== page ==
December 18, 2023

Your Business News & Updates

The City of Laguna Niguel proudly provides timely news, information, resources, programs and updates for our business community.
Visit our Economic Development Webpage

Take Advantage of Vast Exposure for Your Business

The City launched its FREE Featured Business program in 2020 to highlight and honor local businesses, their goods and services and acknowledge their vast contributions to our community. Since then, the program has promoted many Laguna Niguel businesses and has been a model for other cities to follow.


In 2024, you have the chance to have your business featured with a special video on the City's YouTube channel and social media and highlighted in this economic development eNewsletter. To learn more, contact us today at

New Federal Law will Impact Affect Small Businesses

On Jan. 1, 2024, a new federal law comes into effect, requiring more than 30 million small and medium-sized businesses to report ownership information to the federal government, according to this article by the Orange County Register.

Read on for more information from the OC Register:

The law is far-reaching and may affect you in unexpected ways. Failure to timely file the report could result in fines of $500 per day, up to $10,000 maximum, or two years’ jail time. This is not something you can ignore if you own a business or maintain a business entity.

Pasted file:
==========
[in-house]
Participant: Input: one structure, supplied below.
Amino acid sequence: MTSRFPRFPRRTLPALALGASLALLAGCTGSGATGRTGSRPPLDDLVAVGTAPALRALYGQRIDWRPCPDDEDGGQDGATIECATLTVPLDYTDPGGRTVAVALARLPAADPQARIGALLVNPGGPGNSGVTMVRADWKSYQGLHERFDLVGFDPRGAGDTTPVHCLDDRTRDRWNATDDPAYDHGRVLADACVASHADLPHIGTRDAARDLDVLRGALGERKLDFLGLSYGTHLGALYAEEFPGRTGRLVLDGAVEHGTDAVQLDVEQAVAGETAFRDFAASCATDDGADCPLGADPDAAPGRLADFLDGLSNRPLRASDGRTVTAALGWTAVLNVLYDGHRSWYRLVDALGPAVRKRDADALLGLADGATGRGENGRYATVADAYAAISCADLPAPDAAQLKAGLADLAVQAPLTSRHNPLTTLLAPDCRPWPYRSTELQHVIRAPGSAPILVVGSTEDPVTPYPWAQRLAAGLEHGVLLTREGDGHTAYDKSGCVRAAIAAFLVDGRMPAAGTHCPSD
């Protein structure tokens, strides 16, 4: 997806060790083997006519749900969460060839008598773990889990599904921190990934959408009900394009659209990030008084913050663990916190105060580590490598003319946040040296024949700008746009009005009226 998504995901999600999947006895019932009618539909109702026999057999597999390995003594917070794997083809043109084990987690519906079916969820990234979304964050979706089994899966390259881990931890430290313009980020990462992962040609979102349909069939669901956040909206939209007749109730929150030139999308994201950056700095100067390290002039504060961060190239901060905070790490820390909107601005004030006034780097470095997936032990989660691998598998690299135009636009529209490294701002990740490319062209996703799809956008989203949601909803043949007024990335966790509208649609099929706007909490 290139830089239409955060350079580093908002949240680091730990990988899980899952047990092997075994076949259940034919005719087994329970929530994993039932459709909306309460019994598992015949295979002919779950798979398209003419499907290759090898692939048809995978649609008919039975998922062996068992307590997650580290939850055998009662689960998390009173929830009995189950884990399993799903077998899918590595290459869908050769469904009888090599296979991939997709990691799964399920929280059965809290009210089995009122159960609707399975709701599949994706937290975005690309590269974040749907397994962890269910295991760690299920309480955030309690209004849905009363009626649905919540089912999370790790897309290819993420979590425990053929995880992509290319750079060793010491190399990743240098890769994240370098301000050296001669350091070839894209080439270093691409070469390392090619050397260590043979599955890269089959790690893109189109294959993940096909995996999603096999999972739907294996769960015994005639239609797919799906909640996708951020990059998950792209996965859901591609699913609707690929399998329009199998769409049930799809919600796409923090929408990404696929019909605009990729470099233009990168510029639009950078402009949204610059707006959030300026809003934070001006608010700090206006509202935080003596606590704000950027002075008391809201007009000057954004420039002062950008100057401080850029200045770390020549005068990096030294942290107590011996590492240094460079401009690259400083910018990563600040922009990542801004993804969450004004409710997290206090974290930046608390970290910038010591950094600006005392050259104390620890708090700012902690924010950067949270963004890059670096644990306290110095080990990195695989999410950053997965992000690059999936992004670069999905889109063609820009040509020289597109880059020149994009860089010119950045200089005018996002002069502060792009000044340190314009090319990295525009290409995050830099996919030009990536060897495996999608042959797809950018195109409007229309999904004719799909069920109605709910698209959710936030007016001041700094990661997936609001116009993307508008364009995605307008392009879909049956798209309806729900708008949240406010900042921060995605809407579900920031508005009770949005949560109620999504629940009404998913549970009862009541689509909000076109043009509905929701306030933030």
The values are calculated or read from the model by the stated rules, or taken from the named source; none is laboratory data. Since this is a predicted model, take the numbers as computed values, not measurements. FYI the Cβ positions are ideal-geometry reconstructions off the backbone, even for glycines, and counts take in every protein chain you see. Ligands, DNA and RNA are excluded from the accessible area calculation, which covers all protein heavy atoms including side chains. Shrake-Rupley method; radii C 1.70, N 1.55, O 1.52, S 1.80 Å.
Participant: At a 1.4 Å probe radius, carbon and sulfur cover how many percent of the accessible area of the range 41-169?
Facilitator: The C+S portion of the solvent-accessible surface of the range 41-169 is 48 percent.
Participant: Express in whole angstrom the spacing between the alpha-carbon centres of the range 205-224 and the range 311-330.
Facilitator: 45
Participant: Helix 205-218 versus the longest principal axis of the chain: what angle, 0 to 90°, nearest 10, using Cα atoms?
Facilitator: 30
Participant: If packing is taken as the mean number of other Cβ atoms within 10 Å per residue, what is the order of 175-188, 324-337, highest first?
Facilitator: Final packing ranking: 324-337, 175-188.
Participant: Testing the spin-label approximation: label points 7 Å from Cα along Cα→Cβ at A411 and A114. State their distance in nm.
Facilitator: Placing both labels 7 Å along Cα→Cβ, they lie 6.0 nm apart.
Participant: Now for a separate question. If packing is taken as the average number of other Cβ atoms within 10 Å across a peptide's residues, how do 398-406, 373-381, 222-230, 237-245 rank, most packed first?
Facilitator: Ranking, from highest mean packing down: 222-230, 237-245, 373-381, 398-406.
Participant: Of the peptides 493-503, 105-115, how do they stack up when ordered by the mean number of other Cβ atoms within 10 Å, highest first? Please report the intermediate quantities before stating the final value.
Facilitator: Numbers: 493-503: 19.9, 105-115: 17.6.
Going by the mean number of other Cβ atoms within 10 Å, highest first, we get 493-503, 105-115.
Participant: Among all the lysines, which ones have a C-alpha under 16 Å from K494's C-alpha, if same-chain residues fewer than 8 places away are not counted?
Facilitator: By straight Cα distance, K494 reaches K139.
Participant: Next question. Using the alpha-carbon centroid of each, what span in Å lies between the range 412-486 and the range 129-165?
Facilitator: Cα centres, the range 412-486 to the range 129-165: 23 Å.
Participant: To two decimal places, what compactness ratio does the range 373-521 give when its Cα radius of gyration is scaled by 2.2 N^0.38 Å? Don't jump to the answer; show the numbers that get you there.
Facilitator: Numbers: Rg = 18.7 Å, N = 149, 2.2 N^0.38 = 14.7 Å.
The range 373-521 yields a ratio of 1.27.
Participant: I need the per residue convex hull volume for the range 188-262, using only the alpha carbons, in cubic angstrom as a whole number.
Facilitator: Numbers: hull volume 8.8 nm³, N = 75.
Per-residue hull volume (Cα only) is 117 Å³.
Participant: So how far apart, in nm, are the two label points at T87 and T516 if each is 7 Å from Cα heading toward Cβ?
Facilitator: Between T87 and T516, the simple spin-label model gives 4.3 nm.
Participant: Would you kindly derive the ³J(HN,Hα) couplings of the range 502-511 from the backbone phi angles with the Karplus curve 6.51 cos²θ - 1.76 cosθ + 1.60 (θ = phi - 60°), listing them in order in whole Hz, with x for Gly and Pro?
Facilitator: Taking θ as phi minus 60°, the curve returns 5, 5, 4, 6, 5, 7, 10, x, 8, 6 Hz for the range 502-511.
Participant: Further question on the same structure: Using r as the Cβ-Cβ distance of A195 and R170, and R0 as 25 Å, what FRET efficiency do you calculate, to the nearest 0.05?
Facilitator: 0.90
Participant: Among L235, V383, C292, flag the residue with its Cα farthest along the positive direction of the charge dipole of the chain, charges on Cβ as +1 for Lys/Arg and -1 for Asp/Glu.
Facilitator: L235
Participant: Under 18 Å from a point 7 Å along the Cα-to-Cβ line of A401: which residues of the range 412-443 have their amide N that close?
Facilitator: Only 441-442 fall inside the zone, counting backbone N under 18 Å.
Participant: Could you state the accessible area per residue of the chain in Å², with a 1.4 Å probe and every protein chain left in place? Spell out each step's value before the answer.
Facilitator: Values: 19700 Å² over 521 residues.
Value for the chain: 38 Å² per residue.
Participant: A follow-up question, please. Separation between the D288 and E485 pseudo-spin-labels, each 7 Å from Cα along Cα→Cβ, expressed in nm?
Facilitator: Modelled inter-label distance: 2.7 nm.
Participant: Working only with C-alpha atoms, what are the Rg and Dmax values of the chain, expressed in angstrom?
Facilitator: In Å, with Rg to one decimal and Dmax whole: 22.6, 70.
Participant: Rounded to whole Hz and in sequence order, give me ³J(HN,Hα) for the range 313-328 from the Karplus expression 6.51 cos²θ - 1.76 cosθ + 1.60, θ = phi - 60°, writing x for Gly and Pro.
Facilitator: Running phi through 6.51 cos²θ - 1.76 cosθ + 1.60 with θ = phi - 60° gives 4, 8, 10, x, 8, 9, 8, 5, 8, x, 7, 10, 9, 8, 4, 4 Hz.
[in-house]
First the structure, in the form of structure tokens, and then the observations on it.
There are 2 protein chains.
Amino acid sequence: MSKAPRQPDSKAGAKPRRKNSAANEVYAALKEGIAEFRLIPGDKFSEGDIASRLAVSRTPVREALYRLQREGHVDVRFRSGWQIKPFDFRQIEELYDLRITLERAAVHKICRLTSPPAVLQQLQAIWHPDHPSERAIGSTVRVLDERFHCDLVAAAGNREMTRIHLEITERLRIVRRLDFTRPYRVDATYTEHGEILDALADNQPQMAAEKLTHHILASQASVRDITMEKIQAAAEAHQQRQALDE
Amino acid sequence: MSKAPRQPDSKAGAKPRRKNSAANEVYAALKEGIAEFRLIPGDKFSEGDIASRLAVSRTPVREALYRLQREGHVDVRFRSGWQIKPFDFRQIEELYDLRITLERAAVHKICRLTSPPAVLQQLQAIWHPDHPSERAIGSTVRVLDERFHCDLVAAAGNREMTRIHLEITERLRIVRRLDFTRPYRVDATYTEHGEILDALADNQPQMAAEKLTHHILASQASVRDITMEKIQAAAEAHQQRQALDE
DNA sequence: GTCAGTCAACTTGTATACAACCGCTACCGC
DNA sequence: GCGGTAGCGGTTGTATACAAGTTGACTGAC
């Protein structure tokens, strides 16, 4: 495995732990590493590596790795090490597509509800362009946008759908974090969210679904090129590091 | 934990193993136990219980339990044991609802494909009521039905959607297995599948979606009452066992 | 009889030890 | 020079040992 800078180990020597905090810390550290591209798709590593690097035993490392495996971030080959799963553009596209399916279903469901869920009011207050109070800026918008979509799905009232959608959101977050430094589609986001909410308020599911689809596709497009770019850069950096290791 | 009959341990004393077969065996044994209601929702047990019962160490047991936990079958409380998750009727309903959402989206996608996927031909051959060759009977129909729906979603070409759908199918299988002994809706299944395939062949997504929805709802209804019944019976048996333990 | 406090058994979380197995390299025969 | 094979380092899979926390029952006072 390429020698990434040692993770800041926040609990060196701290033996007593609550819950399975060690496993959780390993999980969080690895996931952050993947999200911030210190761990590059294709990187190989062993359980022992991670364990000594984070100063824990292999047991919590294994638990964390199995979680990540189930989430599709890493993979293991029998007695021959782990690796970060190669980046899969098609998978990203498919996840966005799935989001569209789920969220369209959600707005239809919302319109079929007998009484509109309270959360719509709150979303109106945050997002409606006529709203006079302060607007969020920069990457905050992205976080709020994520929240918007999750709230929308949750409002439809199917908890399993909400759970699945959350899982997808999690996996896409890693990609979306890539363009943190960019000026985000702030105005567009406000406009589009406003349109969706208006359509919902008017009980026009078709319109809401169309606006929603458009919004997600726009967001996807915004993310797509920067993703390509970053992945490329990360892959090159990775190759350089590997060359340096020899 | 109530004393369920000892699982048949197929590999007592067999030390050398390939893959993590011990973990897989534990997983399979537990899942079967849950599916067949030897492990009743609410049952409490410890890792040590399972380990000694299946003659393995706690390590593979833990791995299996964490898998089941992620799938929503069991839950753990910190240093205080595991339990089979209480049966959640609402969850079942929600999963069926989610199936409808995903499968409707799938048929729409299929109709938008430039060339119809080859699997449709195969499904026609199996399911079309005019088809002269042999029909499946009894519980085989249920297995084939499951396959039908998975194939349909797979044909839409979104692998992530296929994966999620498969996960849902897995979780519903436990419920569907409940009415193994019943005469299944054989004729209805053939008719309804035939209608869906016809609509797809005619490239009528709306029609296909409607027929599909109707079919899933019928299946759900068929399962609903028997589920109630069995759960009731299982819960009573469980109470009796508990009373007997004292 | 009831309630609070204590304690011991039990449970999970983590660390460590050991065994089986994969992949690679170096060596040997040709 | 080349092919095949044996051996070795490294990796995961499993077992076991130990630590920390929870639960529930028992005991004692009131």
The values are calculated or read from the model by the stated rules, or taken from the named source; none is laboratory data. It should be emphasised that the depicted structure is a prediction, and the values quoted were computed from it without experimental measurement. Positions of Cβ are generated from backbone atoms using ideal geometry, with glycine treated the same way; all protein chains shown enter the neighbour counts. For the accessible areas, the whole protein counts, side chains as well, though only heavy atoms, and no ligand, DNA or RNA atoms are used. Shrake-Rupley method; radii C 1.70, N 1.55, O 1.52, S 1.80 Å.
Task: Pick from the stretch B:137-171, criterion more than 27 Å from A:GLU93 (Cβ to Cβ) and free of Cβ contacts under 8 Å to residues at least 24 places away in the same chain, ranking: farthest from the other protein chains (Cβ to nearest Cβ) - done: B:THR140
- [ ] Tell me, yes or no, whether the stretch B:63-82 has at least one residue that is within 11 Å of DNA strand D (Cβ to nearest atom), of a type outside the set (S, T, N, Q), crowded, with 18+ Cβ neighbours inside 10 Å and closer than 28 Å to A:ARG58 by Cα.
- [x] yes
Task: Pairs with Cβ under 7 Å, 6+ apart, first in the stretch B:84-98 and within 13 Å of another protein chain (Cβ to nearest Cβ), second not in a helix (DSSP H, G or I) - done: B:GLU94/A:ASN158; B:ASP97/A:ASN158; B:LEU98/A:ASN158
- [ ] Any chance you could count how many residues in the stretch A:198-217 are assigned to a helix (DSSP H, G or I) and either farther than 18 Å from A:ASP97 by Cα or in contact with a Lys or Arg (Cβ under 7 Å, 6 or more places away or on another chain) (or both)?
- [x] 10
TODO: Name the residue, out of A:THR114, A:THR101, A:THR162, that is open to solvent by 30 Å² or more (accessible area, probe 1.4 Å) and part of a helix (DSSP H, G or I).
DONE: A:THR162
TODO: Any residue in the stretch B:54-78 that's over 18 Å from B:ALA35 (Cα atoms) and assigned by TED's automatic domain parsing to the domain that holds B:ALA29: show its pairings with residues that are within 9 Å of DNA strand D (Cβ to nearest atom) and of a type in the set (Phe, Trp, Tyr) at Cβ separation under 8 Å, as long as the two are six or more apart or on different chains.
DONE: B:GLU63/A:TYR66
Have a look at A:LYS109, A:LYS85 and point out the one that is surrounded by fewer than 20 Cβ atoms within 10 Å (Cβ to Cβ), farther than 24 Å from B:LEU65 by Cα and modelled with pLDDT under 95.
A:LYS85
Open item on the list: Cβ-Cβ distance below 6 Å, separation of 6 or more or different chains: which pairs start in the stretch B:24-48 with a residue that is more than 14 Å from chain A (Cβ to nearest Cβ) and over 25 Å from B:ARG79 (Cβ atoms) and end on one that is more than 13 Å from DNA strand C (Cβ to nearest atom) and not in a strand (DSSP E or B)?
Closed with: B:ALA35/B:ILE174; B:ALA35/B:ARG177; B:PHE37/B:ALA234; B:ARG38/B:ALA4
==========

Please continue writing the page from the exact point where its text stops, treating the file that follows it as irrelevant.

What is It?

The Corporate Transparency Act was passed in 2021 to eliminate anonymity in business ownership that previously allowed bad actors to hide illicit financial dealings and launder money, which they sometimes used in terrorist activities.

You might think that means the law doesn’t apply to you, but you might be wrong. The CTA casts a very wide net.

The law directs the Financial Crimes Enforcement Network (a unit of the Department of Treasury, known as “FinCEN”) to create a massive database of business “beneficial” ownership information for use by the government in identifying the individual owners of privately held assets.